Iraqis protest US 'colonisation'

demonstration AFP Shi'a ire: Iraqi Shi'as demonstrate against the closure of Moqtada al-Sadr's newspaper. Photos: AFP

Baghdad - Thousands of people rallied outside the Baghdad headquarters of the United States-led occupation on Friday in a continued protest against a decision to suspend a newspaper owned by a radical Iraqi Shi'a Muslim cleric.

The peaceful protest was the biggest since the occupation last week temporarily shut the weekly, which is owned by Moqtada Sadr.

Sadr supporters chanted "Down with the United States", "Yes to Islam", "No to colonisation" and called for the reopening of the weekly and the defence of press freedom.

They prayed outside one of the entrances of the so-called "Green Zone", the sprawling complex which serves as the occupation's headquarters and is heavily protected by US troops.

picture Flaming fury: Protesters burn a T-shirt printed with the United States flag. AFP

"We are going to leave our wives and children to demonstrate in the streets and if we are honest followers of Sadr, we will face off the US tanks to stop them from moving forward," said Imam Azim al-Aaraji in his sermon.

He also slammed Iraq's interim Governing Council and the Americans "as infidels".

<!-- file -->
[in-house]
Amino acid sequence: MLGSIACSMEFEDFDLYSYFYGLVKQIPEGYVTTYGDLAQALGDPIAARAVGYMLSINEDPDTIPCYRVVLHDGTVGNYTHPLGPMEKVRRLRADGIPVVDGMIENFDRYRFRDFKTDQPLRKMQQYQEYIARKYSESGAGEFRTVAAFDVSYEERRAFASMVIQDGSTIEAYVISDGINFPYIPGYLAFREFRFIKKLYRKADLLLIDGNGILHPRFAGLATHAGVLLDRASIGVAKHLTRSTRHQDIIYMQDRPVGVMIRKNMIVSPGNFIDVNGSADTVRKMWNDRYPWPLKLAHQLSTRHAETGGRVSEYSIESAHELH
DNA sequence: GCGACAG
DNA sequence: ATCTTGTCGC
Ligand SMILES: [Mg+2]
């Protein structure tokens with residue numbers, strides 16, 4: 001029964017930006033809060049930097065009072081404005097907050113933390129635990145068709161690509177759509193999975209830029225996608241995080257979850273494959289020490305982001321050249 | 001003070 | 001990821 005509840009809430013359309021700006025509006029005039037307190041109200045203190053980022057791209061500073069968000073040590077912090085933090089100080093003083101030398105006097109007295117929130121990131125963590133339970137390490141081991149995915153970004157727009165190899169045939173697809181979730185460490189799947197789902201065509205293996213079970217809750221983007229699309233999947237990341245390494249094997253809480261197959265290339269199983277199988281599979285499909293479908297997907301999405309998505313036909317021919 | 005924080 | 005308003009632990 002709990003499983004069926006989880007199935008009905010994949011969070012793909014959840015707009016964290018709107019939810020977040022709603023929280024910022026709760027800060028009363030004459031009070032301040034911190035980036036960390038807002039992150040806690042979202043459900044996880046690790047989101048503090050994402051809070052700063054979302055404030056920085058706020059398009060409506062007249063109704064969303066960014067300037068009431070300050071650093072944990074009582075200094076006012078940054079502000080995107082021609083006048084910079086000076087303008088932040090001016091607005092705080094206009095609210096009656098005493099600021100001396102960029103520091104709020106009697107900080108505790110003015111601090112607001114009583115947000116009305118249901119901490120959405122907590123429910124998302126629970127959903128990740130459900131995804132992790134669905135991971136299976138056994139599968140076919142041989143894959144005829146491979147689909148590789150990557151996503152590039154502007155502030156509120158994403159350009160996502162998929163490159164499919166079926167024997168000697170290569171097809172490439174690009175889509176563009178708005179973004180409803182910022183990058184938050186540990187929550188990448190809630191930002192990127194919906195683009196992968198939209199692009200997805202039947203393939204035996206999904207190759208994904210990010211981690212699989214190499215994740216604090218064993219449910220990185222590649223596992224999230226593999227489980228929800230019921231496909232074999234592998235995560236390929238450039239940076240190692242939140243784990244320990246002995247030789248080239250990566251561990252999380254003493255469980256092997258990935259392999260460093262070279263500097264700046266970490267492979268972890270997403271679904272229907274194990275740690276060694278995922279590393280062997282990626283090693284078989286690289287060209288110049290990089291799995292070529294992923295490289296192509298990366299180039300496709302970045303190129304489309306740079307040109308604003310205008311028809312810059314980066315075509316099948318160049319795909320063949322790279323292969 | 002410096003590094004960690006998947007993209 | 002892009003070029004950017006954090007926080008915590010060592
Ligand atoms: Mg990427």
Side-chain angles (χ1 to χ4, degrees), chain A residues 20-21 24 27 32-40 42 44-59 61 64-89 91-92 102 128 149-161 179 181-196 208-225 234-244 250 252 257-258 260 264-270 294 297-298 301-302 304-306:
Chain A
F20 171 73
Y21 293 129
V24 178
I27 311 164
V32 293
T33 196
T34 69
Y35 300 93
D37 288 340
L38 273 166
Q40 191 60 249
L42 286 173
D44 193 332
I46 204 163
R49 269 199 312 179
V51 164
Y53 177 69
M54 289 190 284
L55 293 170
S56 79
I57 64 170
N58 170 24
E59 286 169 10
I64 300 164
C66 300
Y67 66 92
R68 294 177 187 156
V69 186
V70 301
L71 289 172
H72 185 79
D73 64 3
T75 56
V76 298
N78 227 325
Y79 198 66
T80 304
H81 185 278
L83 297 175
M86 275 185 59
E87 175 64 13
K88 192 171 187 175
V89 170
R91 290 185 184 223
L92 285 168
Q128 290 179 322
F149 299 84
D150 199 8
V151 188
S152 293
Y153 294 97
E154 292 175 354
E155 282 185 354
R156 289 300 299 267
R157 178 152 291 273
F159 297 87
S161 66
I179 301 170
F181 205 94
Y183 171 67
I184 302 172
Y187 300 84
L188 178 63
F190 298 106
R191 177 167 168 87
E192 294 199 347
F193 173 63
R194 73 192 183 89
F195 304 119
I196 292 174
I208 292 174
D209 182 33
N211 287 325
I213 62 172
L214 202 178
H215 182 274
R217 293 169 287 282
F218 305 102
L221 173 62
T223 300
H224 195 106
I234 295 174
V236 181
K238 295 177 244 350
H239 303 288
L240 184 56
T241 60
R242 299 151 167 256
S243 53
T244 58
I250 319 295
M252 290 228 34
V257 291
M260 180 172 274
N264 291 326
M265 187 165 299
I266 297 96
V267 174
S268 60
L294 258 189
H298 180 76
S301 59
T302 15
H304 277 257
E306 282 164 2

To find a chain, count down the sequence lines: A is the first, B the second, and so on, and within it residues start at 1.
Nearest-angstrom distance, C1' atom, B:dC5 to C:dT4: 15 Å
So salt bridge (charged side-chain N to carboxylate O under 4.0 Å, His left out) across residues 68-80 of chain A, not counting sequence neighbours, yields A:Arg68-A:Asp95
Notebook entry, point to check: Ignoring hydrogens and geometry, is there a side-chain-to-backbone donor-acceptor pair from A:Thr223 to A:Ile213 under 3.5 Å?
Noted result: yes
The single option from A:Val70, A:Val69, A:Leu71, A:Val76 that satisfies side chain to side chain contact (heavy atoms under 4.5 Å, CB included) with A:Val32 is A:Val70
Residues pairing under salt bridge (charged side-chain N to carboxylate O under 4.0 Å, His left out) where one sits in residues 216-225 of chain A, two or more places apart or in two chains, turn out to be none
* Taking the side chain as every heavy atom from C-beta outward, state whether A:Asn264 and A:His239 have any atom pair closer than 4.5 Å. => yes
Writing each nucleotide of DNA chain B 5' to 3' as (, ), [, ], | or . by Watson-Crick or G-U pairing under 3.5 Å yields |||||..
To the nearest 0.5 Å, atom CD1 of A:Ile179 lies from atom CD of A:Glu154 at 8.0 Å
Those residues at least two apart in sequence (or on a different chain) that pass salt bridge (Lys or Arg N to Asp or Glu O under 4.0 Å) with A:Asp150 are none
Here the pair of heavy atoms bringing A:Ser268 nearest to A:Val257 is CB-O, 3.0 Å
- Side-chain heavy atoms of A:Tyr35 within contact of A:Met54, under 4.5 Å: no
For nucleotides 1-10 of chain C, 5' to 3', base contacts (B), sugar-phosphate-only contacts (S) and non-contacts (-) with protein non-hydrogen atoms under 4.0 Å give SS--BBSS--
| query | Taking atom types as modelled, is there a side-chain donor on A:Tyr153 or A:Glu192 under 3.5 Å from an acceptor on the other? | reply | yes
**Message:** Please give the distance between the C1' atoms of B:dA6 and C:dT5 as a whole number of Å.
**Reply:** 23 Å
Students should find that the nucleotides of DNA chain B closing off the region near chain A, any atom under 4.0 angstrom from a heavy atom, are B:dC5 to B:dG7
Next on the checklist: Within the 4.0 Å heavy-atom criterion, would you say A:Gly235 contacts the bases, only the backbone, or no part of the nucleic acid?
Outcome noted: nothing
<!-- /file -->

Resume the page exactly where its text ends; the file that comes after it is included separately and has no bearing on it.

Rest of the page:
"Yes to Jihad (holy war)," the protesters said as some burned a white sheet bearing a Star of David.

Hoisting huge portraits of Sadr, the demonstrators were surrounded by a security cordon made up of the cleric's militiamen dressed in black pants and shirts.

picture Poster boy: An Iraqi boy holds up a poster of Moqtada al-Sadr at a demonstration in Baghdad. AFP

Last Sunday, occupation forces served Al-Hawza Al-Natiqa an injunction signed by US overseer Paul Bremer shutting it down for 60 days for publishing articles "that prove an intention to disturb general security and incite violence against the coalition and its employees".

The move prompted hundreds of Sadr loyalists to stage a sit-in outside the newspaper's office in southern Baghdad that evening. Almost daily protests have been organised since then.

A Sadr spokesperson has said protests will continue until the ban was lifted.

On Tuesday, an occupation official defended the decision to padlock the paper's offices saying "under international law we have an obligation to maintain security here".

prayer On their knees: Shi'as perform their middays prayers as they demonstrate, in front of the Coalition Provisional Authority headquarters. AFP

"We are within our legal right to act against institutions or individuals that are provoking violence," the official added. - Sapa-AFP

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